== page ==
University of Florida Using Sensors to Monitor Dangerous Hits on Football Field
GAINESVILLE, FL — In football, a tackle can supply 100 Gs of force or more, well above the amount that can cause a concussion and more than 10 times the force of an F-16 jet roll maneuver. Now, University of Florida (UF) Health researchers are using the helmets of Gator football players to help measure the force of on-field hits as part of ongoing efforts to better understand and prevent concussions and treat them before they cause lasting damage.
With a grant from Banyan Biomarkers and matching funds from the Florida High Tech Corridor Council — together totaling $574,910 — UF researchers have purchased the Head Impact Telemetry System, or HITS, to measure the impact, duration and location of each hit football players take in real-time through sensors placed in their helmets.
Led by Dr. James Clugston, a University Athletic Association team physician at UF and an assistant professor of community health and family medicine, the UF researchers will correlate the data they collect from the sensors with additional data from blood and magnetic resonance imaging tests. This will allow researchers to get a complete picture of concussions when they occur in athletes.
“We are still trying to find objective ways to detect concussions and help us know when someone is recovered so they can return to play,” Clugston says. “We wanted to get a measure of the amount of force that athletes were experiencing. With this system, we will get real-time data to assess the severity of the impact.”
The researchers began using the system at the start of the current football season in August. They are measuring hits in 30 football players on the UF team.
In addition to helping the researchers understand more about the forces at work in concussions, the data collected from the sensors also can help individual players reduce their own risk of injury. For example, the system has already allowed the researchers to see that some players were putting their heads down during tackles, which is dangerous and increases their risk of concussion and cervical spine injury. The coaching staff was alerted and then able to talk to the players so they could correct the behavior.
The researchers also plan to use the system to track the number of hits players receive over time.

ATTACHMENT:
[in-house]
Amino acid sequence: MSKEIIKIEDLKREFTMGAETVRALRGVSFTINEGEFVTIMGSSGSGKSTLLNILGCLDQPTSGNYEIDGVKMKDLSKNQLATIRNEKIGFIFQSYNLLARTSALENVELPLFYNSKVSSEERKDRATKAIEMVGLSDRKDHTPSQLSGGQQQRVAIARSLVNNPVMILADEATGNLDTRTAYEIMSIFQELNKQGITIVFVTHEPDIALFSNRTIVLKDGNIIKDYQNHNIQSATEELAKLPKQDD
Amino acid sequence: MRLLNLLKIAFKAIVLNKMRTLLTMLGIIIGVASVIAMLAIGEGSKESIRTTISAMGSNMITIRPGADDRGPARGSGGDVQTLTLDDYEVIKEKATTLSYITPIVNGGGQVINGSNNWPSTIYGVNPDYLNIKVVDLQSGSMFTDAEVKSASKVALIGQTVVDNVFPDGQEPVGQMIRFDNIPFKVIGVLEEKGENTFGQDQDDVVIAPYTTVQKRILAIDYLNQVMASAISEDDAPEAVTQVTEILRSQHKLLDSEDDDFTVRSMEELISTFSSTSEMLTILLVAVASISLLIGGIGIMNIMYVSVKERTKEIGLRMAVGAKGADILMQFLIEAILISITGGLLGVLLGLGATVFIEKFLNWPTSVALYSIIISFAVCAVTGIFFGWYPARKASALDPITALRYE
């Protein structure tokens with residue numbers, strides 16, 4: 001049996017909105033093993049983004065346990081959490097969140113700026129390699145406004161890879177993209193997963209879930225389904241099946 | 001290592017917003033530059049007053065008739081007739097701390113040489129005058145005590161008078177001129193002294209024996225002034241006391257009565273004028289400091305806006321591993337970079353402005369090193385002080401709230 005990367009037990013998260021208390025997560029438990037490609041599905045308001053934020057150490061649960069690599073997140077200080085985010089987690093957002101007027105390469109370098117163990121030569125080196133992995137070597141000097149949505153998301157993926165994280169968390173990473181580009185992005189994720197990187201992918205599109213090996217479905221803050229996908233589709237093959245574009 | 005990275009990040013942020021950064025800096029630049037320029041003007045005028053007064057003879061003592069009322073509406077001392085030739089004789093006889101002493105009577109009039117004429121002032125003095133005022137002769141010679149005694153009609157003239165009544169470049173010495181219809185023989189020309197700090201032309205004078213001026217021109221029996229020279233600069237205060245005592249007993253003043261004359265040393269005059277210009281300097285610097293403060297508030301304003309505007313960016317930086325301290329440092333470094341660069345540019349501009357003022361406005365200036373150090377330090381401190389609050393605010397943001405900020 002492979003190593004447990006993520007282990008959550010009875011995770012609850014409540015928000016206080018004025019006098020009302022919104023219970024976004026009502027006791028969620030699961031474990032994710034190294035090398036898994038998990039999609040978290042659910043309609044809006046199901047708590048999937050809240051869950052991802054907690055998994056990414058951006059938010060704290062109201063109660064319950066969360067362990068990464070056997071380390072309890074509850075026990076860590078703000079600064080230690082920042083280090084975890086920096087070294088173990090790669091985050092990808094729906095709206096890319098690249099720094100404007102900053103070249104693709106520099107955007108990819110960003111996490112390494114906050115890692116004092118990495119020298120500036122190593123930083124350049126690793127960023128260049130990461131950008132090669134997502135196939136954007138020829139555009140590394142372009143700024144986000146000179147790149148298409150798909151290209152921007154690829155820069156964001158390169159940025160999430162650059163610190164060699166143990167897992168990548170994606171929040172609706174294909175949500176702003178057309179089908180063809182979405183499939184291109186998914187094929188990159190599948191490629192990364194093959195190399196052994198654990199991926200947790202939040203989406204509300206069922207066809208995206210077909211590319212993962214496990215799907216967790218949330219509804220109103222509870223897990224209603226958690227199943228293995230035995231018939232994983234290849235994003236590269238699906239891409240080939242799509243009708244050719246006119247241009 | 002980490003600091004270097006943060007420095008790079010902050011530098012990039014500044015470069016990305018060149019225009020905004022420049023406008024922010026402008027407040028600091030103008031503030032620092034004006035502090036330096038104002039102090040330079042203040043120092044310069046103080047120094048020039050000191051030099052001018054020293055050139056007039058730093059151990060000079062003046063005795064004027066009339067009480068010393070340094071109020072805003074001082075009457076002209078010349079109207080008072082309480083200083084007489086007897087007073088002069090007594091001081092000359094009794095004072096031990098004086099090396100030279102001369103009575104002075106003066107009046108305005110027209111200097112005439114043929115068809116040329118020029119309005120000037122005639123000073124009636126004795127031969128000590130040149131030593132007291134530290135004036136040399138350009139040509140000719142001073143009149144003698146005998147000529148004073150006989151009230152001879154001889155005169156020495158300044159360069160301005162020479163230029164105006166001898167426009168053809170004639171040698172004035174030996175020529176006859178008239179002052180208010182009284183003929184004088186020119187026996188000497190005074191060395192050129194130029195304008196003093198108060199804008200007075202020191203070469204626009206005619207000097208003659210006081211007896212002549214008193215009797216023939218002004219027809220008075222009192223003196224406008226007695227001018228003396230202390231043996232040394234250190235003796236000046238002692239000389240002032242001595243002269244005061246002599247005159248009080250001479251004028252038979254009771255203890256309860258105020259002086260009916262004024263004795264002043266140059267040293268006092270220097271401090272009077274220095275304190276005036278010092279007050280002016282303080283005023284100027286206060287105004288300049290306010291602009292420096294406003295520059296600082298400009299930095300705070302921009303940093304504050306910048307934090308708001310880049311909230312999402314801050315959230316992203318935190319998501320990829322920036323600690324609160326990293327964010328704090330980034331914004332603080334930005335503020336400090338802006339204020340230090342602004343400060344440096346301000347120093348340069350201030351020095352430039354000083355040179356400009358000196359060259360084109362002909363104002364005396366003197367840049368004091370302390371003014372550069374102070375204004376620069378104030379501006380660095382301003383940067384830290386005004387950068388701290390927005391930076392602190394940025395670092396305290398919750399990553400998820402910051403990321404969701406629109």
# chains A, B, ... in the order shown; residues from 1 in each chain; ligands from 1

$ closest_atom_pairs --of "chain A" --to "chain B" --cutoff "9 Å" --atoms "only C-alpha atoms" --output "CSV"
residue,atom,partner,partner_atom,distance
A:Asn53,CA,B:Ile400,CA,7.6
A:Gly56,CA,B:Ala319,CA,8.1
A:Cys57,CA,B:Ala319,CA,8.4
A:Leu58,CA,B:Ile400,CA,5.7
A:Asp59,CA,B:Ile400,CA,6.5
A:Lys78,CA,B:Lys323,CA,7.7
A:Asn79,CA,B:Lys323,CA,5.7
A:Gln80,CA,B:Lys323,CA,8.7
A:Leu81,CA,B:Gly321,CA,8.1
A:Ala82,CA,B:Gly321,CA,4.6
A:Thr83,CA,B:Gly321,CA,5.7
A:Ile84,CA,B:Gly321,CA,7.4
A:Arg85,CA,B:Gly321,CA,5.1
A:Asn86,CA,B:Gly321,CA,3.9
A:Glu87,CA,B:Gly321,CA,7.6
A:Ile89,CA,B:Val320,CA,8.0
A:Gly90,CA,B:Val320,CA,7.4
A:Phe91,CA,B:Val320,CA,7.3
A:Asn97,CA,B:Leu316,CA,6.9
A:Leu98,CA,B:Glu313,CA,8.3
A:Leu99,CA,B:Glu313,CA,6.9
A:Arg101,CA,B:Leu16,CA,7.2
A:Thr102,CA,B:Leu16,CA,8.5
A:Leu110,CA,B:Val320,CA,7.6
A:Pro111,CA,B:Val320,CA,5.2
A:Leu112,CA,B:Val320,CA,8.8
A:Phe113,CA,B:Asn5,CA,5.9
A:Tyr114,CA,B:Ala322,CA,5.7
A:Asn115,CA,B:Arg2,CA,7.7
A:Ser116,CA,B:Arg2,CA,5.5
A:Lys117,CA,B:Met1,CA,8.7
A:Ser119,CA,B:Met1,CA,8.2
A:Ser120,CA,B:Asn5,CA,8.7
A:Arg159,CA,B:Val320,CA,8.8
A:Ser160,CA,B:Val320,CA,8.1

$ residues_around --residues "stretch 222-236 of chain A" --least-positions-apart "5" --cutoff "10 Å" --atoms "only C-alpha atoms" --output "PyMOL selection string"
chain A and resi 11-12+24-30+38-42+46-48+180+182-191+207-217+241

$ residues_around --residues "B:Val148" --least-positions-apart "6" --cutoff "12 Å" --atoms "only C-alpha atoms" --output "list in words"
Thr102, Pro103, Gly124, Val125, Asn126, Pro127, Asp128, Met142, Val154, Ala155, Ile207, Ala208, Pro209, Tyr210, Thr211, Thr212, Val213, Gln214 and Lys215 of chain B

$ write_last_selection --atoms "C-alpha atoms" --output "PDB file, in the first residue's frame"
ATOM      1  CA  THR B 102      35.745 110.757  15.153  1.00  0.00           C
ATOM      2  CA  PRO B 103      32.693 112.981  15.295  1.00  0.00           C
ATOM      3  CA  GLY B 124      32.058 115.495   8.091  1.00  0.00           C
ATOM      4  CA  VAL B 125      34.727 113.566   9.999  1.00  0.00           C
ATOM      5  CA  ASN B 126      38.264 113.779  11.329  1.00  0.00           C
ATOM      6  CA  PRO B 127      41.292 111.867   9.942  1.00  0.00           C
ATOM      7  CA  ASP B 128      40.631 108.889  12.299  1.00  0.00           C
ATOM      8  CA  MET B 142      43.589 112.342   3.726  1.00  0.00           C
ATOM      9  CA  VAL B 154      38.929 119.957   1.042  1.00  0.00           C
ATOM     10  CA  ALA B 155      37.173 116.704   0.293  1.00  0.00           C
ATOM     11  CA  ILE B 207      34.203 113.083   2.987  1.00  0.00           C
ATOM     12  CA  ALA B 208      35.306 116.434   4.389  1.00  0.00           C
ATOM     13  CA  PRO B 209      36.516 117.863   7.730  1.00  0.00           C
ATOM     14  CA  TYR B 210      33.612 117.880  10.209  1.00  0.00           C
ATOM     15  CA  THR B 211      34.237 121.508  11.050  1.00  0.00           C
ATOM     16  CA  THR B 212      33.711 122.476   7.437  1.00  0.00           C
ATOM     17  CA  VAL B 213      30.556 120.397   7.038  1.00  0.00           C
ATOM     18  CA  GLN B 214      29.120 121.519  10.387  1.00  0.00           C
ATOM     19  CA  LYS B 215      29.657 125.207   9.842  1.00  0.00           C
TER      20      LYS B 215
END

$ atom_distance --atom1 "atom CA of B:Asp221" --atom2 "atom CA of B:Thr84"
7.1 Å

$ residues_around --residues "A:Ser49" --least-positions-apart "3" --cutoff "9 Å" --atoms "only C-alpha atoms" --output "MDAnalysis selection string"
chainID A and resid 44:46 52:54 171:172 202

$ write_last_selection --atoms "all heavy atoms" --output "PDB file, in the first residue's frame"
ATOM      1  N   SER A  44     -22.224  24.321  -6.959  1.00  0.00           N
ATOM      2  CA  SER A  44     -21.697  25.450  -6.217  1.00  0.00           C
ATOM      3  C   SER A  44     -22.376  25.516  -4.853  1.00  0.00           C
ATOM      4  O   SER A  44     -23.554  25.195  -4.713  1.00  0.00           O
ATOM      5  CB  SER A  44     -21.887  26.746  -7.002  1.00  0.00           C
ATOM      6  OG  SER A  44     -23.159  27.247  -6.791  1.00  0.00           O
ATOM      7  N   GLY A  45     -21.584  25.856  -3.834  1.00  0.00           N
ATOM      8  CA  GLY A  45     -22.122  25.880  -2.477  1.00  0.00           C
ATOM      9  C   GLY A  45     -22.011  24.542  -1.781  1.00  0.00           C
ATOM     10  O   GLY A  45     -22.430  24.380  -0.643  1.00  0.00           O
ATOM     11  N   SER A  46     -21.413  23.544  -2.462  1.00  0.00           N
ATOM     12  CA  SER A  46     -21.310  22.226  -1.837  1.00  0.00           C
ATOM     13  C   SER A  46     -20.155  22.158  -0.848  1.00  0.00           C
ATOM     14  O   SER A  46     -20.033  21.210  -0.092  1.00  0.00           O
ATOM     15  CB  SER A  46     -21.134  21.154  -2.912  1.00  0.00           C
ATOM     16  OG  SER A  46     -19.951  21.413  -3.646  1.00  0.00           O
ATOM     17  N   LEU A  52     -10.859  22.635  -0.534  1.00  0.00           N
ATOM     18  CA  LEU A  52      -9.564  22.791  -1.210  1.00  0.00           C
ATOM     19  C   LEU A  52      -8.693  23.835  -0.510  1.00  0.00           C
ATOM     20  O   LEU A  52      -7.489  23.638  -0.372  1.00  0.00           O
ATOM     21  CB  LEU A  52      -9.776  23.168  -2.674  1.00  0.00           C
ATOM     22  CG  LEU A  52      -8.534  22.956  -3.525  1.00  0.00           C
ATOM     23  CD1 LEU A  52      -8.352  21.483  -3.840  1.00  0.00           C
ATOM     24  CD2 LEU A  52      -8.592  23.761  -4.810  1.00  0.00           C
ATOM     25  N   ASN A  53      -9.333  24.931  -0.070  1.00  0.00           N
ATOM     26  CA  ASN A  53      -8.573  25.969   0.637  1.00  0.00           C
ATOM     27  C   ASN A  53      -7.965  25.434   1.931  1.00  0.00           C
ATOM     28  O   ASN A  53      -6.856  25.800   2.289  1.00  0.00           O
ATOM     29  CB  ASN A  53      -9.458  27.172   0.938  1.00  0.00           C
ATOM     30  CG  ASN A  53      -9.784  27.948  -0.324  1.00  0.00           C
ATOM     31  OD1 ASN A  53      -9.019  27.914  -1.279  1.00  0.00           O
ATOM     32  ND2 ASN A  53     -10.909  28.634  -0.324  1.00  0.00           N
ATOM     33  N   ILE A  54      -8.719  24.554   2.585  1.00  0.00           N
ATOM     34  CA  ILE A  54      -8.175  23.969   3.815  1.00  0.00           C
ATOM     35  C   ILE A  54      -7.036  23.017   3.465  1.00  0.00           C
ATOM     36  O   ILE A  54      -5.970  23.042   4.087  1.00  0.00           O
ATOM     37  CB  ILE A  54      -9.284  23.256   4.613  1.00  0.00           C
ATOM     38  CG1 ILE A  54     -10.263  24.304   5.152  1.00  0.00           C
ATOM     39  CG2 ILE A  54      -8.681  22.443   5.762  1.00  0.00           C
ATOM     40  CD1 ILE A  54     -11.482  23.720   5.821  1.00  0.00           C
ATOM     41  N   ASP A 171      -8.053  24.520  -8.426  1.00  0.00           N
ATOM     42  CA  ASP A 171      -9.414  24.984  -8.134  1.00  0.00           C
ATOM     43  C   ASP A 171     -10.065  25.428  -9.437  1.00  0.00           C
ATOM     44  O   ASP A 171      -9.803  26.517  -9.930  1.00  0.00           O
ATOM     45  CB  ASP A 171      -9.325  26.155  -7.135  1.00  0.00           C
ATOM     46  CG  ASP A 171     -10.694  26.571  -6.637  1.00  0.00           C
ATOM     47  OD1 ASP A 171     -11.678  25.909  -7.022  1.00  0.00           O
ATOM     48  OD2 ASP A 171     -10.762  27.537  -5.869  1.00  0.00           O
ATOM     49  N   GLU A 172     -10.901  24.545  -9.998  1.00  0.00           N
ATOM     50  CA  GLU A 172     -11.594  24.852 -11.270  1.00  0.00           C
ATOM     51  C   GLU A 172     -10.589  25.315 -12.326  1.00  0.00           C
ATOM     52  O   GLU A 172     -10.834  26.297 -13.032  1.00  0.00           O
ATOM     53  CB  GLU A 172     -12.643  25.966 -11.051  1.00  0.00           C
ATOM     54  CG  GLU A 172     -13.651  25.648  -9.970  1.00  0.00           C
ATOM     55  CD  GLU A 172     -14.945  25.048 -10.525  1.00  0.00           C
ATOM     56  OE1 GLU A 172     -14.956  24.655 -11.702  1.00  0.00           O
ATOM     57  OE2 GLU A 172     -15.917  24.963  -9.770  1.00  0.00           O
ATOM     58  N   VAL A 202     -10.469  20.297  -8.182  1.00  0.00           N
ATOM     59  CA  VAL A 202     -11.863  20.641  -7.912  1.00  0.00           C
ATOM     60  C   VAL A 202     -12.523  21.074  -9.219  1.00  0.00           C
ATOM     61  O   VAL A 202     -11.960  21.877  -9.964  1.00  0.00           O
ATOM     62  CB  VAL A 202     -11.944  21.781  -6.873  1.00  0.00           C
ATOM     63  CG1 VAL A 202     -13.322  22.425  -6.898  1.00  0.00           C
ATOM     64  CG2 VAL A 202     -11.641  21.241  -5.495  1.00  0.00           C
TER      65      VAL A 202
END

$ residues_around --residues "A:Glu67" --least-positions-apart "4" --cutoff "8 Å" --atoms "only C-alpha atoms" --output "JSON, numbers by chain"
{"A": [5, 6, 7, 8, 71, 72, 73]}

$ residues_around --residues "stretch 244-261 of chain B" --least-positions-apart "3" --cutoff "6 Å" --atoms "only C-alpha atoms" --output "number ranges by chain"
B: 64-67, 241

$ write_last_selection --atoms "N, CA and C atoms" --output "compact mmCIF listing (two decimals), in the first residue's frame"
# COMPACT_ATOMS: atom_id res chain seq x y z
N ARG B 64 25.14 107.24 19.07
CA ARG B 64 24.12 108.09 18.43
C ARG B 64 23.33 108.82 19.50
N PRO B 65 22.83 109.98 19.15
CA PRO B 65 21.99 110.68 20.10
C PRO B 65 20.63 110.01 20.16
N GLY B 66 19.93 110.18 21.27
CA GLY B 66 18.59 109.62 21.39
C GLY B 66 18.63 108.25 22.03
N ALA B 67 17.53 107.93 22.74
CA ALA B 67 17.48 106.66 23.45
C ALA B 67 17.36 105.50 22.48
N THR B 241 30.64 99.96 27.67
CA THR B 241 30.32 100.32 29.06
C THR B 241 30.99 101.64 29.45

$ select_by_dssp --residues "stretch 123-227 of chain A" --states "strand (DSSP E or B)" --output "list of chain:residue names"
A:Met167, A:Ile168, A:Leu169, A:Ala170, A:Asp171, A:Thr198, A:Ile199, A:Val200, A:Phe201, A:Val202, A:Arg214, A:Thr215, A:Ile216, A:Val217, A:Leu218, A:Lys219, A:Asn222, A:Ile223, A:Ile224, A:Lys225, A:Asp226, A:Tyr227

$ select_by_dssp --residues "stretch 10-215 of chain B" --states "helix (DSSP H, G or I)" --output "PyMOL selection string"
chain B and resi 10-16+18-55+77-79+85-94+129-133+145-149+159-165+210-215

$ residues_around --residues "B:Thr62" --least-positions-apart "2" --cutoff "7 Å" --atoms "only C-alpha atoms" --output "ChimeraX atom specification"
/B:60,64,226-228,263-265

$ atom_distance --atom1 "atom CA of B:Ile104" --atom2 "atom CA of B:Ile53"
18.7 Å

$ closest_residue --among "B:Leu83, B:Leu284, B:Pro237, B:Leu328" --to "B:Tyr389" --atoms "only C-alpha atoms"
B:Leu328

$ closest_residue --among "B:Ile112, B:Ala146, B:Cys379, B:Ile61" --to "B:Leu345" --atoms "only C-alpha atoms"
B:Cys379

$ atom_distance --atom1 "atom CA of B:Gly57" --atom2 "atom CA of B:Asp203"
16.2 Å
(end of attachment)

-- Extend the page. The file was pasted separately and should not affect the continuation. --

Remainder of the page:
“You may see that a player has had many hits in a week, season or career,” Clugston says. “Some studies show that the risk of concussion goes up based on how many hits a player received in the preceding days as well as how many concussions they may have had in the past.”
According to a 2013 Institute of Medicine and National Research Council report, concussions occurred in college athletes approximately every 4.3 out of 10,000 times they were on the field, either to practice or play.
This is the fourth year Clugston’s team has received funding from Banyan Biomarkers to test players’ blood samples for proteins in blood that are linked to brain injury. The researchers collect and test blood samples from players after concussions and also after normal play to ensure the act of playing itself does not cause these telltale proteins to increase. Last year the researchers began incorporating advanced MRI testing as part of these efforts with support from the department of radiology and direct guidance from Dr. Keith Peters, an associate professor of neuroradiology. HITS will help them expand and better understand this data, Clugston says.
“It helps us track over time which athletes have sustained the most impact and whether that matches the blood biomarkers we are testing and the imaging results,” Clugston says. “HITS helps us make sense of that other data. Hopefully, these efforts can make us better at diagnosing and managing concussions and ultimately increase player safety.